We played a lot of outside games as children and
one of our favourite games was hopscotch. In hopscotch
ten squares had to be drawn with chalk on the pavements,
ten squares that began with a single square, then a double
square, then another two single squares, a double, a single
and a final double, all numbered one to ten.
We all had our hopscotch stones, which we guarded with our lives.
These were ordinary stones polished until they shone so that they
would speed smoothly to the square we needed as if they were on
wheels. But you had to judge how much impetus to give to the stone
and that was the secret!
When you’d worked that out, you then had to hop to that square and
pick up your stone whilst still standing on one leg. The first
one to triumphantly hit 9 and 10 and able to hop to it without
putting a foot down, through nerves or because you were being
heckled exactly to that end, well, that was the one who won the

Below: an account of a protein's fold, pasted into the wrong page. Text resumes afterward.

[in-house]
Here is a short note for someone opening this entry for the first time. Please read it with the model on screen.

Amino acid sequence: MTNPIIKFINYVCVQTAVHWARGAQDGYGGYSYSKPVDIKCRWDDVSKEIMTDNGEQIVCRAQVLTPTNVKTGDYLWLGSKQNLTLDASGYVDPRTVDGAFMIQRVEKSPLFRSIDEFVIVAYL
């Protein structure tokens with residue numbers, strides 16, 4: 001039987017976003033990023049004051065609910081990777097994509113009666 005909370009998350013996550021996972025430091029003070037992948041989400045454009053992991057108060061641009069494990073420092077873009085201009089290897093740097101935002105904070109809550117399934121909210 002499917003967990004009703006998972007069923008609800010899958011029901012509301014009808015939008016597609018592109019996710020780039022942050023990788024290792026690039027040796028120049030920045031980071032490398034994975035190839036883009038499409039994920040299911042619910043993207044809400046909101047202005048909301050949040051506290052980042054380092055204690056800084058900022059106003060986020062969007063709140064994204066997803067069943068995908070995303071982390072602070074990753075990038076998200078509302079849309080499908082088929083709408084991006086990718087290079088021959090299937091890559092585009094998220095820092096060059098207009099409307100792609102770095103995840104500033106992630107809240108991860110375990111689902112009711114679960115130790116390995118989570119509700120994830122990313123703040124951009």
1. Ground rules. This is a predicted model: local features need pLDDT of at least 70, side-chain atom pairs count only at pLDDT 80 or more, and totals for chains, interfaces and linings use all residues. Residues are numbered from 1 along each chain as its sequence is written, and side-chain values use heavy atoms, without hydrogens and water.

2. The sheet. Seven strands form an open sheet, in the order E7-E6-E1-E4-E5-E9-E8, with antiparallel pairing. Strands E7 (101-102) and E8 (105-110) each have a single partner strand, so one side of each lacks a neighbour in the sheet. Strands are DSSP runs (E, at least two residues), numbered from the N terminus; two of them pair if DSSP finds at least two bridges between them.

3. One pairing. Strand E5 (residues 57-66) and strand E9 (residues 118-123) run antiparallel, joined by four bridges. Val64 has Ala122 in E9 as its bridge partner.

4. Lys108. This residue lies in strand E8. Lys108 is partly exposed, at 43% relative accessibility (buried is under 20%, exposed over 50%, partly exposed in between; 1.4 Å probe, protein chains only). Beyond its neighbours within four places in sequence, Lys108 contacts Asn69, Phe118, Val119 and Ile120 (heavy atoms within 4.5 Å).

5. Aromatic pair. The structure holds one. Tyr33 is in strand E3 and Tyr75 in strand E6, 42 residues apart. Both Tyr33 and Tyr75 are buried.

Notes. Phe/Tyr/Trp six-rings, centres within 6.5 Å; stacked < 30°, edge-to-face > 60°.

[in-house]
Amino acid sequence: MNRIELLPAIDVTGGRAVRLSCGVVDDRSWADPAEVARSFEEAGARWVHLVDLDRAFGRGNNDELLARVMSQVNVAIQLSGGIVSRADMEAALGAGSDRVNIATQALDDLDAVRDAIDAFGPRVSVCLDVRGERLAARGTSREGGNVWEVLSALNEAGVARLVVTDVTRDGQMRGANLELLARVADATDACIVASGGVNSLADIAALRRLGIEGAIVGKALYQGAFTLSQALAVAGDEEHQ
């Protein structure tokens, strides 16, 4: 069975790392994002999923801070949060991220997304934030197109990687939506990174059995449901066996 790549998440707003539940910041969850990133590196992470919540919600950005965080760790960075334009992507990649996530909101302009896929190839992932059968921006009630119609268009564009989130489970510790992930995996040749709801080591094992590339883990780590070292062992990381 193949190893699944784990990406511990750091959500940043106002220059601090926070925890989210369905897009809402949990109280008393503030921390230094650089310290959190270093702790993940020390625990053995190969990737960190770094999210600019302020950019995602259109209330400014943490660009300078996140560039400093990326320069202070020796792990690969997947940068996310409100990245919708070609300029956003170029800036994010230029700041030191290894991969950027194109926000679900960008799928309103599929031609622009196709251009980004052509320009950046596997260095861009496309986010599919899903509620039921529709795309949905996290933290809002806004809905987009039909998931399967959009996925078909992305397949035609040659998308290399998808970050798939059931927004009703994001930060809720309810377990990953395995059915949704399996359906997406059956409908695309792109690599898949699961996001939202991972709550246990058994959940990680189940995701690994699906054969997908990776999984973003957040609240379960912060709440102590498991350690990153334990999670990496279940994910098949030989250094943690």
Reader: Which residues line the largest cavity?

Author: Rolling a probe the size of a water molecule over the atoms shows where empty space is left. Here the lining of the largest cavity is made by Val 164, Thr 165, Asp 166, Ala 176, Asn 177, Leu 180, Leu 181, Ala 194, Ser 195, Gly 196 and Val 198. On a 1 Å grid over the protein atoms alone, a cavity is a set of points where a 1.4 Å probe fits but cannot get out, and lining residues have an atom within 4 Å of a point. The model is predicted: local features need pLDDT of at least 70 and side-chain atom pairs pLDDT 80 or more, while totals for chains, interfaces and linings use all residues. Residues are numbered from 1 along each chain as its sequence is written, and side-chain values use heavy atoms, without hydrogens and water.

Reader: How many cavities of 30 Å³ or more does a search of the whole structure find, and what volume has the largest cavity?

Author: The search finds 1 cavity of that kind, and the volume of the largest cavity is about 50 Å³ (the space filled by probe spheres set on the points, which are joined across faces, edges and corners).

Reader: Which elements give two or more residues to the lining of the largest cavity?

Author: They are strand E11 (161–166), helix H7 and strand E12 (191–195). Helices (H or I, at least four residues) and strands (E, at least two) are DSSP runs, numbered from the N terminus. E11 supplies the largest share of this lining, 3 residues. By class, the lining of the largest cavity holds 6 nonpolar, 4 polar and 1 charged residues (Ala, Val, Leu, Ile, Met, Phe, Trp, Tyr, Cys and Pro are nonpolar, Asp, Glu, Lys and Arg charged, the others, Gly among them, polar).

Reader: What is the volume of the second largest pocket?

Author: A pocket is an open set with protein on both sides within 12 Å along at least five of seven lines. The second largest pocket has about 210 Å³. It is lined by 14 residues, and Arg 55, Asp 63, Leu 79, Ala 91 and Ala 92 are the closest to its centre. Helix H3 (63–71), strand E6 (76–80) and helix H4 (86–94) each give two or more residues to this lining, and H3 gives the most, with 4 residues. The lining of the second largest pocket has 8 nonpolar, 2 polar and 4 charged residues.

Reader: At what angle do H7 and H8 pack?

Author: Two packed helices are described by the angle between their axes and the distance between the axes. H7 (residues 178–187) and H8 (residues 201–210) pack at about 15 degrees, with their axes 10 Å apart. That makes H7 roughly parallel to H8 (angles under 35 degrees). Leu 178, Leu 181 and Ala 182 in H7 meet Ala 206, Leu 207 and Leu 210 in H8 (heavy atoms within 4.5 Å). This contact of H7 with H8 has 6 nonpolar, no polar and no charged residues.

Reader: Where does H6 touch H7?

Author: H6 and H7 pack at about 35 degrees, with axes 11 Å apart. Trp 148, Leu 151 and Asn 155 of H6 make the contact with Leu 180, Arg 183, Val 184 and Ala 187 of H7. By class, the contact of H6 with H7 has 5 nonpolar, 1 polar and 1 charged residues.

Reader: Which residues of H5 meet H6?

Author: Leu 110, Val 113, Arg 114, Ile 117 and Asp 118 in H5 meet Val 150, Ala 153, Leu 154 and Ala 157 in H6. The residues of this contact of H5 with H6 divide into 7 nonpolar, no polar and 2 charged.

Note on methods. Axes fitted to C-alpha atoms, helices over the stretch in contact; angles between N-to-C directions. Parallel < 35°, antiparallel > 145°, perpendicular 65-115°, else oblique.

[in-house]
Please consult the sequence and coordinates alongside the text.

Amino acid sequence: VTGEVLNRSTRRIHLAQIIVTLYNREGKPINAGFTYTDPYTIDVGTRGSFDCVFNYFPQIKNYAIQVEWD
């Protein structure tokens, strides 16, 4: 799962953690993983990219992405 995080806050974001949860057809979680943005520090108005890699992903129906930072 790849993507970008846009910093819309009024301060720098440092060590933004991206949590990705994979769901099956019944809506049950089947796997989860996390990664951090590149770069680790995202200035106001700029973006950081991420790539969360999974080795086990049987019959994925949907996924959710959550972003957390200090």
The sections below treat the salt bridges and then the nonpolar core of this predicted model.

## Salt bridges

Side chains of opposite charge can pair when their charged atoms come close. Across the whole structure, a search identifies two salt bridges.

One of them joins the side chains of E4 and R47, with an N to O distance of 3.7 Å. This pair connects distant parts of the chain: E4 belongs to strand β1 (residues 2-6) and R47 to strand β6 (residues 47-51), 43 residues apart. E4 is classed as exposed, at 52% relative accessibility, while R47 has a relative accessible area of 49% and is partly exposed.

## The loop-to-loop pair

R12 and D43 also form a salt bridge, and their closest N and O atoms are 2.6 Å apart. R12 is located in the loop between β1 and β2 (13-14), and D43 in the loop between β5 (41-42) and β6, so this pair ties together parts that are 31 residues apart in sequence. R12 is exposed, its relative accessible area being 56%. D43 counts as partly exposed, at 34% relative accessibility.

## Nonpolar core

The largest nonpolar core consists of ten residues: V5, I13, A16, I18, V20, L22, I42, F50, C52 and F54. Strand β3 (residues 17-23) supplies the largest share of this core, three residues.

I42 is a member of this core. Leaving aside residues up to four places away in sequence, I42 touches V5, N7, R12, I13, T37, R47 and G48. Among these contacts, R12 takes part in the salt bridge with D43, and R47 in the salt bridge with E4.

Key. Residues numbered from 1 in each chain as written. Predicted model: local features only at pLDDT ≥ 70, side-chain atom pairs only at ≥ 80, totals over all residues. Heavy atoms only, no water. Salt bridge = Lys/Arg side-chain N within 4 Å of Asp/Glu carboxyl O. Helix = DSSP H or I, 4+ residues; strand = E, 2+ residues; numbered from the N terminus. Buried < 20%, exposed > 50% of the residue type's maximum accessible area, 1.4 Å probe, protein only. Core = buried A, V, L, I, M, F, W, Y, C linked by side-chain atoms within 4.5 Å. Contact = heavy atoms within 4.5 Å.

There was another game we used to play – high-kelly, which
was doing a handstand against a wall. You kept your head
up and stared at the red bricks until they were burnt onto your
eyes. To do a high-kelly in the days when jeans were not an
option, meant tucking your skirt into the elasticated hems of
your knickers so that you were always ‘decent’! As always,
with every endeavour, there was one little rebel who preferred
her skirt to hang down over head. Sometimes, you were the rebel,
sometimes it was someone else. But there was always room for
everyone – rebels and peace-makers both.
Hopscotch isn’t a game,
It’s a science,
A mathematical challenge,
An exercise into just how far
Your stone will slide
Over those ten squares
Stretching into infinity.
Most important of all
Is the application of logic,
To determine if this
Is an exercise in futility,
Or if you have at last learnt to hop
And stand on one leg.
©2017 Gwen Grant